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Missing pieces in Budget 2012

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Canadian Coalition for the Rights of Children
Publication Date: 
23 Apr 2012


The theme of Budget 2012 is economic prosperity. Investing in our youngest citizens today is as important for economic prosperity and intergenerational fairness as reviewing old age assistance. Developing the full potential of every child needs more attention across Canada. There is undeniable evidence that failing to do so limits productivity and creates higher social costs. This focus is missing in Budget 2012.

Promises of progress on aboriginal education are a welcome and essential step. A second but missing essential step is preventing adolescents from falling through the cracks of a fragmented support system. A third essential piece is greater investment in early childhood, based on research showing that preparation for success as an adult starts early. More funding for a youth employment strategy helps, but it starts too late. Canada spends much less on early childhood development than comparable countries in our global economy.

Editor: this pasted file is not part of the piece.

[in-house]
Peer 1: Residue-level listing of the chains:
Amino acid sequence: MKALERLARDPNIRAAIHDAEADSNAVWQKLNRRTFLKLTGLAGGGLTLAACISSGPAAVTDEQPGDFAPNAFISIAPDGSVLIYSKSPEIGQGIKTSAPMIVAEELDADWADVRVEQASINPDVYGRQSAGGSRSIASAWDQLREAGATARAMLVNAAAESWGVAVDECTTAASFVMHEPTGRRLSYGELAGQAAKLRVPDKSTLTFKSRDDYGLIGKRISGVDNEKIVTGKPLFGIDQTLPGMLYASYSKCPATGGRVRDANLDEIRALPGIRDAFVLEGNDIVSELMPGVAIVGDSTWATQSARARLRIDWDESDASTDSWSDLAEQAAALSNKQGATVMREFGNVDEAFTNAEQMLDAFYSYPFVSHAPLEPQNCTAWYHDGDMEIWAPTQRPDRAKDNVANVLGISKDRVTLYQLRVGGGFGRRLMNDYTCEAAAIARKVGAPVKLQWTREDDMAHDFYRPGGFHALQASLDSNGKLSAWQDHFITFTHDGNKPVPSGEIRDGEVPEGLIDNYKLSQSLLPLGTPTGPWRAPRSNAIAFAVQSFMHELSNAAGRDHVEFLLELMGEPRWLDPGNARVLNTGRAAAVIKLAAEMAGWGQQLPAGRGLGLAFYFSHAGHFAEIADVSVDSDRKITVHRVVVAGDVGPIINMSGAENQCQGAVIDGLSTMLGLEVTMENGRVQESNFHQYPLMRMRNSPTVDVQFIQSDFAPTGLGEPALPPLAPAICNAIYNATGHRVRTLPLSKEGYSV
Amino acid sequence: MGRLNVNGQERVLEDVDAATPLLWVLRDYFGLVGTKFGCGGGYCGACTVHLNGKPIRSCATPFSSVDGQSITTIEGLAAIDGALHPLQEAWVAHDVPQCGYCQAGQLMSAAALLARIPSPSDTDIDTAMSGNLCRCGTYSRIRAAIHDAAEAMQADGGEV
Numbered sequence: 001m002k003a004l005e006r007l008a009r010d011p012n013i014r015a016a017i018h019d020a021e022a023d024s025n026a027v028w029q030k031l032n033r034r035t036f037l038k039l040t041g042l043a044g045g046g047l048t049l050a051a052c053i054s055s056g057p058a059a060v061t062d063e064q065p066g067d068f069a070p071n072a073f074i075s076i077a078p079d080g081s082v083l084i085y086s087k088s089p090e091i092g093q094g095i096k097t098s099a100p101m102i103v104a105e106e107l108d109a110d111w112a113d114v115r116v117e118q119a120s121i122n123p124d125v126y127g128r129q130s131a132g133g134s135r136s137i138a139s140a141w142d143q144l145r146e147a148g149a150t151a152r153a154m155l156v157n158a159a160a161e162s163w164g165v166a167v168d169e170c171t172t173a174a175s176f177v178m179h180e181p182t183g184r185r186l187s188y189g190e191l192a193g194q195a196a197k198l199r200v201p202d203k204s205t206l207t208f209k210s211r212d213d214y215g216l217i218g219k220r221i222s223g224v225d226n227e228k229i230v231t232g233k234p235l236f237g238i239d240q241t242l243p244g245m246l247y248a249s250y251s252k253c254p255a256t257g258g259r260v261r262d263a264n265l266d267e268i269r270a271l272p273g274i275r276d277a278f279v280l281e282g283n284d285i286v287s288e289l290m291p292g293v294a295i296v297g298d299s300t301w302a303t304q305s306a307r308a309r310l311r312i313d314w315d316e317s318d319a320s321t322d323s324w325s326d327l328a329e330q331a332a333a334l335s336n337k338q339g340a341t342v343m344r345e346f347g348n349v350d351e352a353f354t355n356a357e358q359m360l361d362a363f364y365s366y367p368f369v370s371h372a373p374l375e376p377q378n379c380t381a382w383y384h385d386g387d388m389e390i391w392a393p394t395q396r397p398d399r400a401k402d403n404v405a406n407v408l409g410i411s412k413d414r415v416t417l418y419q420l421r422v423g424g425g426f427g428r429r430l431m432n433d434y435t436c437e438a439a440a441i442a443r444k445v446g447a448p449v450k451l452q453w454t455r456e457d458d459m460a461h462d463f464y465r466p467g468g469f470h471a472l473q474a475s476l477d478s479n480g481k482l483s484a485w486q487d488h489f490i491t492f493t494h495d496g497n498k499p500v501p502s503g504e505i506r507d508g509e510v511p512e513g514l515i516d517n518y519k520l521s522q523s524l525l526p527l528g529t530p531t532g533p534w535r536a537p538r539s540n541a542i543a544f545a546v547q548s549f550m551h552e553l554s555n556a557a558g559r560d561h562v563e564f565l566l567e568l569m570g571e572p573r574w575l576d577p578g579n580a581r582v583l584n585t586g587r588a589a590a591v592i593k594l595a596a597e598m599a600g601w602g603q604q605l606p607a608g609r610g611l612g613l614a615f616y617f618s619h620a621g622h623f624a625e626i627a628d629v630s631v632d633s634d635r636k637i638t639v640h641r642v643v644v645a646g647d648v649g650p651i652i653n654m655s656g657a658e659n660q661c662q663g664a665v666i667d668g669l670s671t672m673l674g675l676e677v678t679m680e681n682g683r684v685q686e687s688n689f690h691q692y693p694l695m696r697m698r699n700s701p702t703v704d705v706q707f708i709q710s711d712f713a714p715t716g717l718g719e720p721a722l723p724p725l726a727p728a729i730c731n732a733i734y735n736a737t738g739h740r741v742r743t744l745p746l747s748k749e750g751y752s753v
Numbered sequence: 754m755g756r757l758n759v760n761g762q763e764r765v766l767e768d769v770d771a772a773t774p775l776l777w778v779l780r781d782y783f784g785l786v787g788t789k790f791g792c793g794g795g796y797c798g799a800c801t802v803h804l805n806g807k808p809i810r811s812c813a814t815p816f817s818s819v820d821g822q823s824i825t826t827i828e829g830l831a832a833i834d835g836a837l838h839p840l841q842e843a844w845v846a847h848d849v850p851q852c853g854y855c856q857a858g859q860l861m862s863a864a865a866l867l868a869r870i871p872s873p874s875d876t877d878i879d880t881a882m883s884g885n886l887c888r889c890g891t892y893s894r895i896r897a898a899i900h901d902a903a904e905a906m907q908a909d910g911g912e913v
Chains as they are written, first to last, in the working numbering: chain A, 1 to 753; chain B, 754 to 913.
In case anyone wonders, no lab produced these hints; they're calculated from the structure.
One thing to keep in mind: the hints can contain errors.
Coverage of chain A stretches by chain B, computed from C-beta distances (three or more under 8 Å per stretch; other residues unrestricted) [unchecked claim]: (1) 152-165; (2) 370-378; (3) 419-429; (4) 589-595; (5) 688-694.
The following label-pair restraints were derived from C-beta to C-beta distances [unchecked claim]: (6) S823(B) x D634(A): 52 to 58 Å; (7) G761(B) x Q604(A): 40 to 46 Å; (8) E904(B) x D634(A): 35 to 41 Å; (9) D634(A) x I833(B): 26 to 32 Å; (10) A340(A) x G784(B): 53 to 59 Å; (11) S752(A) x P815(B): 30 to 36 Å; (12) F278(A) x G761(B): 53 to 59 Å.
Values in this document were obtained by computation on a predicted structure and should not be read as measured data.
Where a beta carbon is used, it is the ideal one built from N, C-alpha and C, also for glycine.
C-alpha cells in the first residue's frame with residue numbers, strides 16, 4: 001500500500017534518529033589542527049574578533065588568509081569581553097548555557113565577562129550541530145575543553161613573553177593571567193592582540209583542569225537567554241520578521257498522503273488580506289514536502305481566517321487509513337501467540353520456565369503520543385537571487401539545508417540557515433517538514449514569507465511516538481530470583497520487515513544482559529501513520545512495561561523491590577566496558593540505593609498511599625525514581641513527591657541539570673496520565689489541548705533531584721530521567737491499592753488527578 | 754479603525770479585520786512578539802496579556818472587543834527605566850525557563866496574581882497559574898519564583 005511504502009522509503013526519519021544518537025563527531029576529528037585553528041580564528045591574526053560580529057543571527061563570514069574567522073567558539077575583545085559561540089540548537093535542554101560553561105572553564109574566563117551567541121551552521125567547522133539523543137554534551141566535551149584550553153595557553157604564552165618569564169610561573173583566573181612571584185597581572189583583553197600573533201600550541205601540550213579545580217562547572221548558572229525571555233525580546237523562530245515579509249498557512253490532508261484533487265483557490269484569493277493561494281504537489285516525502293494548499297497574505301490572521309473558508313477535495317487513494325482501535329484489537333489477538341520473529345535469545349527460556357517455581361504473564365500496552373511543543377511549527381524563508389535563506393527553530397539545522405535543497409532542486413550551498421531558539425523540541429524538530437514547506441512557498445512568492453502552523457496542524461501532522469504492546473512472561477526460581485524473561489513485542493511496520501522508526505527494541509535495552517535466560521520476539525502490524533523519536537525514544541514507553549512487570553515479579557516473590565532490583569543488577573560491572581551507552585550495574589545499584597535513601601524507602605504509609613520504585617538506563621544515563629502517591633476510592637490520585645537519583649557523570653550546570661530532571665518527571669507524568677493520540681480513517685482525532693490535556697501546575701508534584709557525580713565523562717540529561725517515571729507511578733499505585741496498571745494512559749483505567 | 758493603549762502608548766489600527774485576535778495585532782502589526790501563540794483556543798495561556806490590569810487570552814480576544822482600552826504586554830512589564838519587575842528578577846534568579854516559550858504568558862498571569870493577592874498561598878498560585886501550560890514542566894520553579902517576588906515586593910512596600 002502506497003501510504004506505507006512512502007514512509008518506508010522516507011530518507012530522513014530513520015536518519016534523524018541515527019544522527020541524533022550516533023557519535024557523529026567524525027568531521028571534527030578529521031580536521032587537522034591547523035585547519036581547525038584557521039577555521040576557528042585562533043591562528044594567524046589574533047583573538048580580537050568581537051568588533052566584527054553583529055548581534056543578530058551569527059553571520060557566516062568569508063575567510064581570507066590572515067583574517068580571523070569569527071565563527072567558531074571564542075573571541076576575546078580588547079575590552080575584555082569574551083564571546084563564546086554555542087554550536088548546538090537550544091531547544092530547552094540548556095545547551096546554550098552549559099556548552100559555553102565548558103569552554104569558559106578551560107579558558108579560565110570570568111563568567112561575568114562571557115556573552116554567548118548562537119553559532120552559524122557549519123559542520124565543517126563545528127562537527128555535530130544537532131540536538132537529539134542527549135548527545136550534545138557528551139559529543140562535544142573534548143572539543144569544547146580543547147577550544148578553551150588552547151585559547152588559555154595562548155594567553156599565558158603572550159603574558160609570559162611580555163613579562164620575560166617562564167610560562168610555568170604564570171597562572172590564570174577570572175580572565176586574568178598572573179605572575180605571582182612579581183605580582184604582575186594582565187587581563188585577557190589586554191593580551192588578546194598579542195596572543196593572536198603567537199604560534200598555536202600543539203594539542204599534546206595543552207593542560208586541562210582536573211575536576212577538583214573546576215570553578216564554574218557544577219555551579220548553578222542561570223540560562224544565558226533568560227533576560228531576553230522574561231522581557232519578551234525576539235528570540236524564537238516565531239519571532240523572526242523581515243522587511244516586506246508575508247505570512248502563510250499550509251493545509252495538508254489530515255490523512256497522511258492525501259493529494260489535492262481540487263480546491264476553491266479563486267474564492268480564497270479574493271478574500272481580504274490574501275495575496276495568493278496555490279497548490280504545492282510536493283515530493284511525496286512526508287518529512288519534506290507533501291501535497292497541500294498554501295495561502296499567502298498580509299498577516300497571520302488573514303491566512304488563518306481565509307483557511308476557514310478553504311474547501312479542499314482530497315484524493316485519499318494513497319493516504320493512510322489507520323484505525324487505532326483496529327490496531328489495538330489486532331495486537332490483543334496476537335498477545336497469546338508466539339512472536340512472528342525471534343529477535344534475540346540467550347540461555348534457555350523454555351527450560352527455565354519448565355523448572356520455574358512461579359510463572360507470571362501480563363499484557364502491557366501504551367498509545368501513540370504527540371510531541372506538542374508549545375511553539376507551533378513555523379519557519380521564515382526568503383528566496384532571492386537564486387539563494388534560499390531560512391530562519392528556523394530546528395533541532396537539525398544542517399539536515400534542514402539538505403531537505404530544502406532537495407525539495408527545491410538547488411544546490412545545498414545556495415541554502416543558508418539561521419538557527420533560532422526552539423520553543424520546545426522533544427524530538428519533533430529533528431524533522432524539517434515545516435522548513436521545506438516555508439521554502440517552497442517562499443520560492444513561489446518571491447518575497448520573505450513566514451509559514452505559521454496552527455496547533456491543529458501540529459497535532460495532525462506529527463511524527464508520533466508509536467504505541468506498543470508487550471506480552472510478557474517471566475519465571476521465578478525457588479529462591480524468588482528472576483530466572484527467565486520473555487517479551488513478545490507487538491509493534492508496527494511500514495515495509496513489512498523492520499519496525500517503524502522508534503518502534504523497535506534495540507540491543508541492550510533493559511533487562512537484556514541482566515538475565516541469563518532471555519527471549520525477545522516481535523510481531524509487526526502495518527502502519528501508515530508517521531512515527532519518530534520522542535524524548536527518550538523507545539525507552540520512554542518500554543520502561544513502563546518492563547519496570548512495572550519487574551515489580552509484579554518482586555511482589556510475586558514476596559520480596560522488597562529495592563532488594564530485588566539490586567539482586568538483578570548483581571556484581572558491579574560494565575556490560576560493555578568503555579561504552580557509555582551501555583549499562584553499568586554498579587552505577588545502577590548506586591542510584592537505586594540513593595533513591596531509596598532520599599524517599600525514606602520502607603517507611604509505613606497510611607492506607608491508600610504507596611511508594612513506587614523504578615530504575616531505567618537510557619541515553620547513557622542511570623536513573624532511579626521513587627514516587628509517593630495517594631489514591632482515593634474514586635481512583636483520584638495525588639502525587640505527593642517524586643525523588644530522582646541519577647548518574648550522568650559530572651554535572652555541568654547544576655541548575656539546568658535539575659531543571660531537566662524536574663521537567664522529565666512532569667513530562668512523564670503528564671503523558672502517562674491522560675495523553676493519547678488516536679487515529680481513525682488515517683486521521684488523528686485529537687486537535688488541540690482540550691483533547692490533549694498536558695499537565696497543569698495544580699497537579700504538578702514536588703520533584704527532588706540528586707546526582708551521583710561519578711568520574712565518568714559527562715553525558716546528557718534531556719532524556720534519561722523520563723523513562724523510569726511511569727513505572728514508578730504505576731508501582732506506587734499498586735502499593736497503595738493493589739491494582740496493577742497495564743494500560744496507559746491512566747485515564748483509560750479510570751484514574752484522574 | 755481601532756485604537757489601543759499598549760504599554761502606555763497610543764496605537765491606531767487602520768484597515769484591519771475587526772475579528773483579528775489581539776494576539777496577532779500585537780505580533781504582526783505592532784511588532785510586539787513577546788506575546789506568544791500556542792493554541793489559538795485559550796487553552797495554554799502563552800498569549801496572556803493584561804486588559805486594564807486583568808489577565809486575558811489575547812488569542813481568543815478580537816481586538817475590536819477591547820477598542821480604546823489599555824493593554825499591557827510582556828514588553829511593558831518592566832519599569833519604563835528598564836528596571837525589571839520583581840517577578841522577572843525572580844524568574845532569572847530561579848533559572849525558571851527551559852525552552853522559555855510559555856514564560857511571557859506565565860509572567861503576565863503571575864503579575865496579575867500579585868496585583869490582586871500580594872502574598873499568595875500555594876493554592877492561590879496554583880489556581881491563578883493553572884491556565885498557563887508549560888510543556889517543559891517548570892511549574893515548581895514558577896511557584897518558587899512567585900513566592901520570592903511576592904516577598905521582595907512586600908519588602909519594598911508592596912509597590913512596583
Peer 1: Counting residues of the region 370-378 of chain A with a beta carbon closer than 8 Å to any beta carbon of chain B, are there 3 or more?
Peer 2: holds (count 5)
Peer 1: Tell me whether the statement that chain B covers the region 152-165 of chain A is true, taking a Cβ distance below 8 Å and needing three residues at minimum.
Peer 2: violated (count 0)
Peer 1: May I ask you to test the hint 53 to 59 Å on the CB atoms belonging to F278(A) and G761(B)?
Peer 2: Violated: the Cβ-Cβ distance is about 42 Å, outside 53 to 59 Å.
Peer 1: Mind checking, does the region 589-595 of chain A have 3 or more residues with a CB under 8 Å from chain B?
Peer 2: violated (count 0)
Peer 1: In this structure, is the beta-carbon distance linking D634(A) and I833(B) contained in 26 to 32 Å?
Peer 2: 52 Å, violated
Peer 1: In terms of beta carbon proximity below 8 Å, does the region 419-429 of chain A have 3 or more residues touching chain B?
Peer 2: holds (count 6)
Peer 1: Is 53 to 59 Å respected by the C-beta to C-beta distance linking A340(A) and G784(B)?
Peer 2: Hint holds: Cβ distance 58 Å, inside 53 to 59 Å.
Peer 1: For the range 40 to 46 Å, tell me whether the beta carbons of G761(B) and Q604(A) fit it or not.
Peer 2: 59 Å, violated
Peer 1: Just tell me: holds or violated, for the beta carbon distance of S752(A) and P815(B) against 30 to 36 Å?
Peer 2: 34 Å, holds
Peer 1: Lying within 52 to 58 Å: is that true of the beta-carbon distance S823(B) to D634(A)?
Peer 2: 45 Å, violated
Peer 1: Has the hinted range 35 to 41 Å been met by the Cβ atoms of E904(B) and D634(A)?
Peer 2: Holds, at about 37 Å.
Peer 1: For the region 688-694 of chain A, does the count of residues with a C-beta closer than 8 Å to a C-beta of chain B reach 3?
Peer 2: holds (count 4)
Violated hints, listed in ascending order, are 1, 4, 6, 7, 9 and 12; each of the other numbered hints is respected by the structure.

Removing obstacles that prevent children from developing their full potential provides a good return on investment, as well as being the right thing to do. It is time for a pan-Canadian framework for child and youth development, similar to the budget's call for a pan-Canadian Framework for the Assessment and Recognition of Foreign Qualifications, which also crosses provincial jurisdictions.


Children and the Social Transfer

There is no change in policies that transfer resources to families. Without debate or explanation, the budget confirms that federal tax revenues to fund social programs, including programs for children, will be transferred to the provinces without any form of accountability for the use of those funds. There is no mechanism to ensure that children are a priority, or that children, who are 25% of the Canadian population, will be treated equitably. The growing opportunity gap between children who grow up with many advantages and children with few resources requires special attention to ensure that every child in Canada gets a good start in life.

The CCRC proposes that benchmarks based on the Convention on the Rights of the Child be included in federal-provincial transfer agreements to ensure that public money is well spent and that our national obligations to all children are fulfilled.

Entered Date: 
23 Apr 2012
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